Box Office Beat: Weekend of September 21

Danny Baldwin's Box Office BeatHello and welcome back to Box Office Beat, the column in which I predict the upcoming weekend’s box office grosses. There are a whopping five new wide releases, which will make it especially pathetic if not one bucks the ongoing trend of box office duds. Last weekend, “Resident Evil: Retribution” and “Finding Nemo 3-D” didn’t do abysmally–certainly not as abysmally as “The Words” and “The Cold Light of Day” did seven days prior, at least–but they both definitely underperformed. Let’s crunch some numbers to see if any of the newcomers have a shot at renewing hope for Hollywood.

Trouble with the CurveThe biggest studio release is Warner Bros’ “Trouble with the Curve” (which I reviewed here), starring Clint Eastwood as an aging baseball scout rebuilding his relationship with his daughter, played by Amy Adams. The release is well positioned, just before the MLB enters the playoffs and without much competition for older adults. Eastwood plays a character similar to his curmudgeon in “Gran Torino” (toned down for a PG-13 rating), but don’t expect a repeat of that film’s stellar $29.5m opening — the result of a month of WB building it in limited release and strong reviews. Instead, the film should open more in line with last year’s baseball movie, “Moneyball,” which in many ways was its opposite but was marketed to a similar crowd. That would give “Trouble with the Curve” $19.5 million. Anything higher would be a real feat for WB, because that is the current opening weekend ceiling for a baseball movie.

House at the End of the StreetThe next “biggest” release is Relativity’s “House at the End of the Street,” a PG-13 horror movie starring Jennifer Lawrence. The “Hunger Games” actress has certainly become a household name, but given the rather narrow (but loyal) demographic that this type of film appeals to, it’s unlikely to get much of a bump on the genre norm because of her presence. That means the outlook is somewhere between “The Haunting in Connecticut” ($23.0m) and “Pulse” ($8.2m). In fact, averaging those two movies’ openings is about as valid a way to make a prediction on “House at the End of the Street” as any, giving it $15.6 million.

End of WatchThe biggest surprise, however, could be “End of Watch,” the independent production written and directed by David Ayer (“Training Day”) about two L.A.P.D. agents who dangerously encroach on the Mexican drug cartel. The reviews are exceptional, meaning the movie should pull in a lot of older adults, plus it should do fantastically in urban areas where this material resonates, especially in Southern California. In fact, I even think “End of Watch” will best Ayer’s prior film, “Street Kings” ($12.5m), by a small margin, given that film scored the latter demographic but not the former. This is a bold prediction, higher than those of my fellow prognosticators, but I’m saying $14 million.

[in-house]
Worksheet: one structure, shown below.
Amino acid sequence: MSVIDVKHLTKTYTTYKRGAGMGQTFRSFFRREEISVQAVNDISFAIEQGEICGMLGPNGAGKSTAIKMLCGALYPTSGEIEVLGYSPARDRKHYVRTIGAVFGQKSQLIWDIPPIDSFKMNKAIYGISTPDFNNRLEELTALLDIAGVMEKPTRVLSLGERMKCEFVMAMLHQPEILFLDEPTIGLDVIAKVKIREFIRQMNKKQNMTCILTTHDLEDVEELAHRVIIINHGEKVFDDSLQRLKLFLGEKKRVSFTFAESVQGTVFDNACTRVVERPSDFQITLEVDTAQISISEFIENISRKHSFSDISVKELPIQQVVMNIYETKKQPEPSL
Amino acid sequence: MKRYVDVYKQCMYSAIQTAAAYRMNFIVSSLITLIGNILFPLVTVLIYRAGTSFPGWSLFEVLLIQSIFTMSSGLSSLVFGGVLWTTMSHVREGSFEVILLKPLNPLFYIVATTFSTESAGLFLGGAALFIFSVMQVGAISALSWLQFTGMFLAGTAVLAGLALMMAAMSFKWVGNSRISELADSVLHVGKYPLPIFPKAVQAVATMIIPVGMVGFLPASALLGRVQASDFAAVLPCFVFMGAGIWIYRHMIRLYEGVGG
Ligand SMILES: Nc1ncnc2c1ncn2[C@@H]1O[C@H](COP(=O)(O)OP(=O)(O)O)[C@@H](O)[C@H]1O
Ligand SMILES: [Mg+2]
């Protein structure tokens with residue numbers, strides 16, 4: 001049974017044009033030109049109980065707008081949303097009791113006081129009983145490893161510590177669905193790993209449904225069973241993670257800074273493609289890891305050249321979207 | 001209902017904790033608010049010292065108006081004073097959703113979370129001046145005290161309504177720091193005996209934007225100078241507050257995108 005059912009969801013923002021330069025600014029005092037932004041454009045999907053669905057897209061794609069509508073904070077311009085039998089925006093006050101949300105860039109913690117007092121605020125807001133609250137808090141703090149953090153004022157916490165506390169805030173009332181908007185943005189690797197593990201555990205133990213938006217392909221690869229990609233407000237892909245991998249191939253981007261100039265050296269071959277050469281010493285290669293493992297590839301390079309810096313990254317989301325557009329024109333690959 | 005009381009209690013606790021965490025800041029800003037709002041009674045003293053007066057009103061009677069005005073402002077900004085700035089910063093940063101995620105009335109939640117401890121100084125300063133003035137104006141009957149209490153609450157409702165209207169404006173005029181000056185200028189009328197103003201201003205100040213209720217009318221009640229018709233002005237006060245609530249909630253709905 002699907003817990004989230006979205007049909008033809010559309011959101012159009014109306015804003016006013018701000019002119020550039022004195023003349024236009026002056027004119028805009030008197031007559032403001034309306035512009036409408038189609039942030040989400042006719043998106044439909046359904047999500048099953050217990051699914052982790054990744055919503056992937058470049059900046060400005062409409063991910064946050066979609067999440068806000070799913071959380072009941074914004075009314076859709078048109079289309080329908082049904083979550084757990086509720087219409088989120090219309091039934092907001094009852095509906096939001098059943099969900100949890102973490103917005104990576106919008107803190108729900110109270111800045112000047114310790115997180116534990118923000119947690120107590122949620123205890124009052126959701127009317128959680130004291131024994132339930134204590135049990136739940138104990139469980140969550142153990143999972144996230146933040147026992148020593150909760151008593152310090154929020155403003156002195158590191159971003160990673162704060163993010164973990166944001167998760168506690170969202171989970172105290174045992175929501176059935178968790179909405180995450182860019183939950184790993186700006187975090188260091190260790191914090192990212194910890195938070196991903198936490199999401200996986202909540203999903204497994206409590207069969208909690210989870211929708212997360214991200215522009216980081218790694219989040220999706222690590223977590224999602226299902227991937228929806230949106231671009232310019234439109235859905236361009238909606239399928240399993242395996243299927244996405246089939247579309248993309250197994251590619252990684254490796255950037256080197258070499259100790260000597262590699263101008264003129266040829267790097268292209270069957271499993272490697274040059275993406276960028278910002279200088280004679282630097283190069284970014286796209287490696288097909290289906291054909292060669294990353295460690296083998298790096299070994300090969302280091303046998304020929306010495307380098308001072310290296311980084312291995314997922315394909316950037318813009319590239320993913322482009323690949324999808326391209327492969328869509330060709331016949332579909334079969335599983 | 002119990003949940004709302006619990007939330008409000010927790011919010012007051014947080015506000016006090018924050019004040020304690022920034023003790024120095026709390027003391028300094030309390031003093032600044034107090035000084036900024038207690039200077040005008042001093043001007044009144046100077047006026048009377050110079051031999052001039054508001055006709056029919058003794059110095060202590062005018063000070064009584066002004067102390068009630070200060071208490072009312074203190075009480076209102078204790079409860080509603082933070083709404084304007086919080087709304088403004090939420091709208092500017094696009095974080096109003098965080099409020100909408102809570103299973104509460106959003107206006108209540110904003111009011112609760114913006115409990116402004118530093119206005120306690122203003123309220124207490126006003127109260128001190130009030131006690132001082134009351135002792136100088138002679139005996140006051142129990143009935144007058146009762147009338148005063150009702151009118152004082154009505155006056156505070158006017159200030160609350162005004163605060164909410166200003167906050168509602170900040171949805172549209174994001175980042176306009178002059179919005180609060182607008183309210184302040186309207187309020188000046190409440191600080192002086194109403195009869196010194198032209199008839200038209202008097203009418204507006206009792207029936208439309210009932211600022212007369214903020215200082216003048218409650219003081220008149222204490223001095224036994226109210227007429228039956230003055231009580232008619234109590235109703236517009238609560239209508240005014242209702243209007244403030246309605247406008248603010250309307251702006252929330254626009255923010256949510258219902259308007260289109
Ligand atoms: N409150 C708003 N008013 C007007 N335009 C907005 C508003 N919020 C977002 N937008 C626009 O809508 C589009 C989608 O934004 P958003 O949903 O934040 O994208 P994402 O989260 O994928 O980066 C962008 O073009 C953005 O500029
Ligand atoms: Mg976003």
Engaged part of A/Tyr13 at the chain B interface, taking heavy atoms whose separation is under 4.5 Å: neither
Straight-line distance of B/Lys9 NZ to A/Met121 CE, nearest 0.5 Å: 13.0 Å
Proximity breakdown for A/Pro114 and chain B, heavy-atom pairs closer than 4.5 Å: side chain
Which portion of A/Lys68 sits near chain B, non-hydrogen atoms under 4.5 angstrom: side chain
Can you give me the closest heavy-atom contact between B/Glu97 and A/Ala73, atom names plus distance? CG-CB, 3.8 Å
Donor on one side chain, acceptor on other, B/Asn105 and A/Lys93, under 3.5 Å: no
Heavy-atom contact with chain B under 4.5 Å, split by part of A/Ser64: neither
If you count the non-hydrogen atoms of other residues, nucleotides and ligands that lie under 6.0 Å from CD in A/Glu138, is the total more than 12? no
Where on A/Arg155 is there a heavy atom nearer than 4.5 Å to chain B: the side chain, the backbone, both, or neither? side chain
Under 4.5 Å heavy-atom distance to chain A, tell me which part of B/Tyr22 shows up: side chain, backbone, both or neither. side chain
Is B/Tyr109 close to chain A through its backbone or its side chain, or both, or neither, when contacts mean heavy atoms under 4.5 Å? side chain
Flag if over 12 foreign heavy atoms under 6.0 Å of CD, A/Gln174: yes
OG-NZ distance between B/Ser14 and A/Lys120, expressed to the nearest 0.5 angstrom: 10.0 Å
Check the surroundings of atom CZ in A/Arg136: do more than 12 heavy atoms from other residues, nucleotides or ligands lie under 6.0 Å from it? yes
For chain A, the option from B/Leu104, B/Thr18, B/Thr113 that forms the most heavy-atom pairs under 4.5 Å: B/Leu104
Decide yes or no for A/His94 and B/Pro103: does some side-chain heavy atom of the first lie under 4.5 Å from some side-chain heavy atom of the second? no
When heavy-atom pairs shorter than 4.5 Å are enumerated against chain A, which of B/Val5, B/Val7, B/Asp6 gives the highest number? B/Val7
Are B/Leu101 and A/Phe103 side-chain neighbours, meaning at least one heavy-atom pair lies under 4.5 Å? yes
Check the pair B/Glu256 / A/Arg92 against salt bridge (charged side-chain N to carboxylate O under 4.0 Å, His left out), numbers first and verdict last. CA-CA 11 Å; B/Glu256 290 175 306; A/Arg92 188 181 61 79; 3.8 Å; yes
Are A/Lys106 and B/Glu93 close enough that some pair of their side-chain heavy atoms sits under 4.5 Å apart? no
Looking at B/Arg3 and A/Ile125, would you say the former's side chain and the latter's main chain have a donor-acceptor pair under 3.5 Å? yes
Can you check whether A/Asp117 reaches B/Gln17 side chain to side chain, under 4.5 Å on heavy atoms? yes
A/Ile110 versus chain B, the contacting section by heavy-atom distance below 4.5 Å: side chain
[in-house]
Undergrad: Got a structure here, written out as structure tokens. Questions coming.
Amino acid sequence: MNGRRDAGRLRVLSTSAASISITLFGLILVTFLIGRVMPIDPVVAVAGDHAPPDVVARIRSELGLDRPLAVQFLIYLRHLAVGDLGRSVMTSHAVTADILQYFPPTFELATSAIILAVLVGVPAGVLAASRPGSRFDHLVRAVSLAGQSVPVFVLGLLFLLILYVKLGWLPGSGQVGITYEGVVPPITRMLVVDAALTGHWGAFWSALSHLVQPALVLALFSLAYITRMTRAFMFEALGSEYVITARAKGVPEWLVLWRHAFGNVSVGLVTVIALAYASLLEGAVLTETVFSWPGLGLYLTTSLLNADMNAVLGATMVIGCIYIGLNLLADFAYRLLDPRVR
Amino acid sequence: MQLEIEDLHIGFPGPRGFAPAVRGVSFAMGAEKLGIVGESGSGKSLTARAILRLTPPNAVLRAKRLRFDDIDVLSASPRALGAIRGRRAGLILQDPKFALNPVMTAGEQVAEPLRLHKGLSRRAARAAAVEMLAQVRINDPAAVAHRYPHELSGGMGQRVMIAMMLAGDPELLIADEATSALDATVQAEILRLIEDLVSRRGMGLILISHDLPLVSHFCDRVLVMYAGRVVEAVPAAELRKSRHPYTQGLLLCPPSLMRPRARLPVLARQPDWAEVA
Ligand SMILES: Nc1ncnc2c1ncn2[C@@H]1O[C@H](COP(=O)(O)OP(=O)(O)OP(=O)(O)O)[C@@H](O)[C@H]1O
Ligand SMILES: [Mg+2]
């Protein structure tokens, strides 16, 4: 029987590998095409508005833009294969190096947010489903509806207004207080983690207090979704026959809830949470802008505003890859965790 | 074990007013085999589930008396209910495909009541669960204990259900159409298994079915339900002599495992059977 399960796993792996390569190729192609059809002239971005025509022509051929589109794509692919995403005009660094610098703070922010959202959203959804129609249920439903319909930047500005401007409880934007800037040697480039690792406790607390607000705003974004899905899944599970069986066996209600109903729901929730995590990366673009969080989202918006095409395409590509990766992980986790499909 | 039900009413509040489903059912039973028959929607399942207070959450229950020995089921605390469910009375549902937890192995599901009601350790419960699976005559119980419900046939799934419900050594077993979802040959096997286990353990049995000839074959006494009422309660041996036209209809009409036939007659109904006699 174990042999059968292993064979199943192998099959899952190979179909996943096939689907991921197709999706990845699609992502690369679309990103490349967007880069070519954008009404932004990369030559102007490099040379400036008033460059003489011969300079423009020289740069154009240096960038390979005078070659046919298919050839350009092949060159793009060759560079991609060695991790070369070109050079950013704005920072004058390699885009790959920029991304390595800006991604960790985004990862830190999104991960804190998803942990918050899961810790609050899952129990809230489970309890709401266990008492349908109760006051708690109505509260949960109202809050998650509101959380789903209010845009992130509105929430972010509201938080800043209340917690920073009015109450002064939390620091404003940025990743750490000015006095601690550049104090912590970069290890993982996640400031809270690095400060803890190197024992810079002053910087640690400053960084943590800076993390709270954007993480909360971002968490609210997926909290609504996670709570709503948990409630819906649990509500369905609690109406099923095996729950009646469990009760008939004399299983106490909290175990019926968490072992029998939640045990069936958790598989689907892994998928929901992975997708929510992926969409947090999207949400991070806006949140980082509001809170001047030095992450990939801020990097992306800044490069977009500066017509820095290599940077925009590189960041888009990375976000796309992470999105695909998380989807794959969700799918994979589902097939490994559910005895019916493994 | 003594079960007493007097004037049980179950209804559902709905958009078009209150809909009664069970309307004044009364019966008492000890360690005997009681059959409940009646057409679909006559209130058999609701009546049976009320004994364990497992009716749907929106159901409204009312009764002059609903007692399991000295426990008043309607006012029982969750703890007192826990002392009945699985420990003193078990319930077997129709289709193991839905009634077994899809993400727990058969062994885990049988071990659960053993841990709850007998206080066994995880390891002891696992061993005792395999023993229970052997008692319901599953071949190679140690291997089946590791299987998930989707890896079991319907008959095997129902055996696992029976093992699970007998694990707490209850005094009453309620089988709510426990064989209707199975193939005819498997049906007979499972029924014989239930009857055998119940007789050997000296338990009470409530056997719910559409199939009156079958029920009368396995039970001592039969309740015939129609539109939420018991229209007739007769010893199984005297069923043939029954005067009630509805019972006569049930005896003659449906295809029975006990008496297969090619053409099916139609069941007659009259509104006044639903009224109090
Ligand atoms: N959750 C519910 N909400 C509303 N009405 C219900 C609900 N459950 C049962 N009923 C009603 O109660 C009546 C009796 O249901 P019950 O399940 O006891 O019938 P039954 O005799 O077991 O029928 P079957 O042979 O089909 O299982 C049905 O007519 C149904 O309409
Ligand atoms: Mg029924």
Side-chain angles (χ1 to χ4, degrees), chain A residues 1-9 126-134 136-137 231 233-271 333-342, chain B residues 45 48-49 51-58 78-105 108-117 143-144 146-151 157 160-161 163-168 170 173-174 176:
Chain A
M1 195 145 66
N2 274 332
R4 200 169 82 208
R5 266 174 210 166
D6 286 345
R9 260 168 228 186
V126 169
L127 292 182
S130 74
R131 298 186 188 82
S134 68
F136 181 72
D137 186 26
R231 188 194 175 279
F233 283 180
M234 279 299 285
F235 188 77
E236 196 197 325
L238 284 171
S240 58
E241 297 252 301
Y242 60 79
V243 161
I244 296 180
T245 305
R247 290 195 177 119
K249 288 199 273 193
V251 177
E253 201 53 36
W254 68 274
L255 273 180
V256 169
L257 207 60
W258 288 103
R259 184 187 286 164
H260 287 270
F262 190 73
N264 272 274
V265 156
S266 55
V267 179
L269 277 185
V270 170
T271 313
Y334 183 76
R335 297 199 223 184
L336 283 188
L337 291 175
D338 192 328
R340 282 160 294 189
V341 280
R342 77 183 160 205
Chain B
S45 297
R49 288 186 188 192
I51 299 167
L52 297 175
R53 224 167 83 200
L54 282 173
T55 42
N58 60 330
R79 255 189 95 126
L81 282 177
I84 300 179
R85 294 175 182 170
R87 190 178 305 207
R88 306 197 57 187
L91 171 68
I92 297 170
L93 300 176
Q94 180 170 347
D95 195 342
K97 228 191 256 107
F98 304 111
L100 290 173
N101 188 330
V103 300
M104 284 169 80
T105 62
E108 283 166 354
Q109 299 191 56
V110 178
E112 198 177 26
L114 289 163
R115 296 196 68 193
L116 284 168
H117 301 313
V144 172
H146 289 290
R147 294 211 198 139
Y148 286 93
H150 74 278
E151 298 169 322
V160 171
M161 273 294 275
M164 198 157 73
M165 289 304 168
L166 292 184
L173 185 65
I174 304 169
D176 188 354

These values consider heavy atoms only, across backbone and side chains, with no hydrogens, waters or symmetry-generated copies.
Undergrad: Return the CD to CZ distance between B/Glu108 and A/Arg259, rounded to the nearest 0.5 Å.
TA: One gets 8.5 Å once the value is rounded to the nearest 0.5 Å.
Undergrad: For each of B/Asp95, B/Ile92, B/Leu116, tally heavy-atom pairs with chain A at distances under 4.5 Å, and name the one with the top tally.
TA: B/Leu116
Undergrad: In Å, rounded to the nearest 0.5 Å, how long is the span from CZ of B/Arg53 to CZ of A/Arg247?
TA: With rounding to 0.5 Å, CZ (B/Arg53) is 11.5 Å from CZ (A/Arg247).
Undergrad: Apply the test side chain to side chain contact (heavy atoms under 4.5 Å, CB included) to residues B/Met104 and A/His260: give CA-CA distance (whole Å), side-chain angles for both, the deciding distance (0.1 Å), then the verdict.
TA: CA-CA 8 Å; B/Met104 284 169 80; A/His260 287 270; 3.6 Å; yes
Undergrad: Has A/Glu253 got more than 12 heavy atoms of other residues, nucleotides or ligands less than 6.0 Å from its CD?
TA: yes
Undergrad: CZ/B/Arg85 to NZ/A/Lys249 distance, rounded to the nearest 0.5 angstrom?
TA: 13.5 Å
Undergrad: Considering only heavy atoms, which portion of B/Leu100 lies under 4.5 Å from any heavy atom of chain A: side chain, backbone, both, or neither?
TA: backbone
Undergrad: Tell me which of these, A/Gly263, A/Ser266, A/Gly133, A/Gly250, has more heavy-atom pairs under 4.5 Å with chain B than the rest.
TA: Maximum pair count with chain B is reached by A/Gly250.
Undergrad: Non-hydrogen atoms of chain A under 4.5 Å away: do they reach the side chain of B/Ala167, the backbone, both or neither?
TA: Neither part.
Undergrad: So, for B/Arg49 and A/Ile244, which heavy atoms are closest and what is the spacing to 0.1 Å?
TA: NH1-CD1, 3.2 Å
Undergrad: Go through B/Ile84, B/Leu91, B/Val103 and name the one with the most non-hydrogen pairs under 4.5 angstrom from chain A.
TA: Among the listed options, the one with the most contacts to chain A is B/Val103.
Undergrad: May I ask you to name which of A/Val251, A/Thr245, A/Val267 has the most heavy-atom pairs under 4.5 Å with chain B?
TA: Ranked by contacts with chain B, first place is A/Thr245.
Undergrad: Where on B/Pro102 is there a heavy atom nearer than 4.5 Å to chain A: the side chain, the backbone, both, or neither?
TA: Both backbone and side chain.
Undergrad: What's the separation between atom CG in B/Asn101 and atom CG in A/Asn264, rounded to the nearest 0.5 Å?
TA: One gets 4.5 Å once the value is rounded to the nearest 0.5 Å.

DreddThen there’s “Dredd,” a re-imagining of Sylvester Stallone’s notoriously bad 1995 action flick “Judge Dredd.” The reviews on this one are surprisingly positive, but awareness doesn’t seem to be that high, and young males are likely to be siphoned off by “End of Watch.” I see the film opening about 50 percent better than Neil Marshall’s similarly-targeted “DOOMSDAY” — 25 percent for the 3-D surcharge bump and 25 percent for the built-in fan-base of guys who remember the original nostalgically. That would give “Dredd” an unimpressive $7.4 million opening, meaning it’ll face an uphill battle in recouping its $45 million budget, even though foreign markets should be stronger.

The MasterLastly, Paul Thomas Anderson’s “The Master” is expanding to 788 theaters — a bold move by Harvey Weinstein and company given the artsy nature of the film, but one that they felt warranted following last weekend’s record-breaking New York/Los Angeles exclusive bow. There is very little precedent here because this type of release is usually platformed slowly, over several weeks, before going wide. I’m going to conservatively estimate that it does well, but not amazingly — meaning a per-theater-average around $7,500. Big cities should do huge business, but smaller markets are not likely to take nearly as kindly to the film, which has been characterized by some critics as avant-garde. But really, this one is anyone’s guess. Mine just happens to work out to $5.9 million, which is nothing to sneeze at.

My prediction of what the full top 10 will look like:

  1. “Trouble with the Curve” … $19.5m
  2. “House at the End of the Street” … $15.0m
  3. “End of Watch” … $14.0m
  4. “Finding Nemo 3-D” … $10.1m  -39.5%
  5. “Resident Evil: Retribution” … $8.4m  -60.0%
  6. “Dredd” … $7.4m
  7. “The Master” … $5.9m  +801.6%
  8. “Lawless” … $3.2m  -26.4%
  9. “The Possession” … $2.6m  -54.9%
  10. “ParaNorman” … $2.3m  -25.6%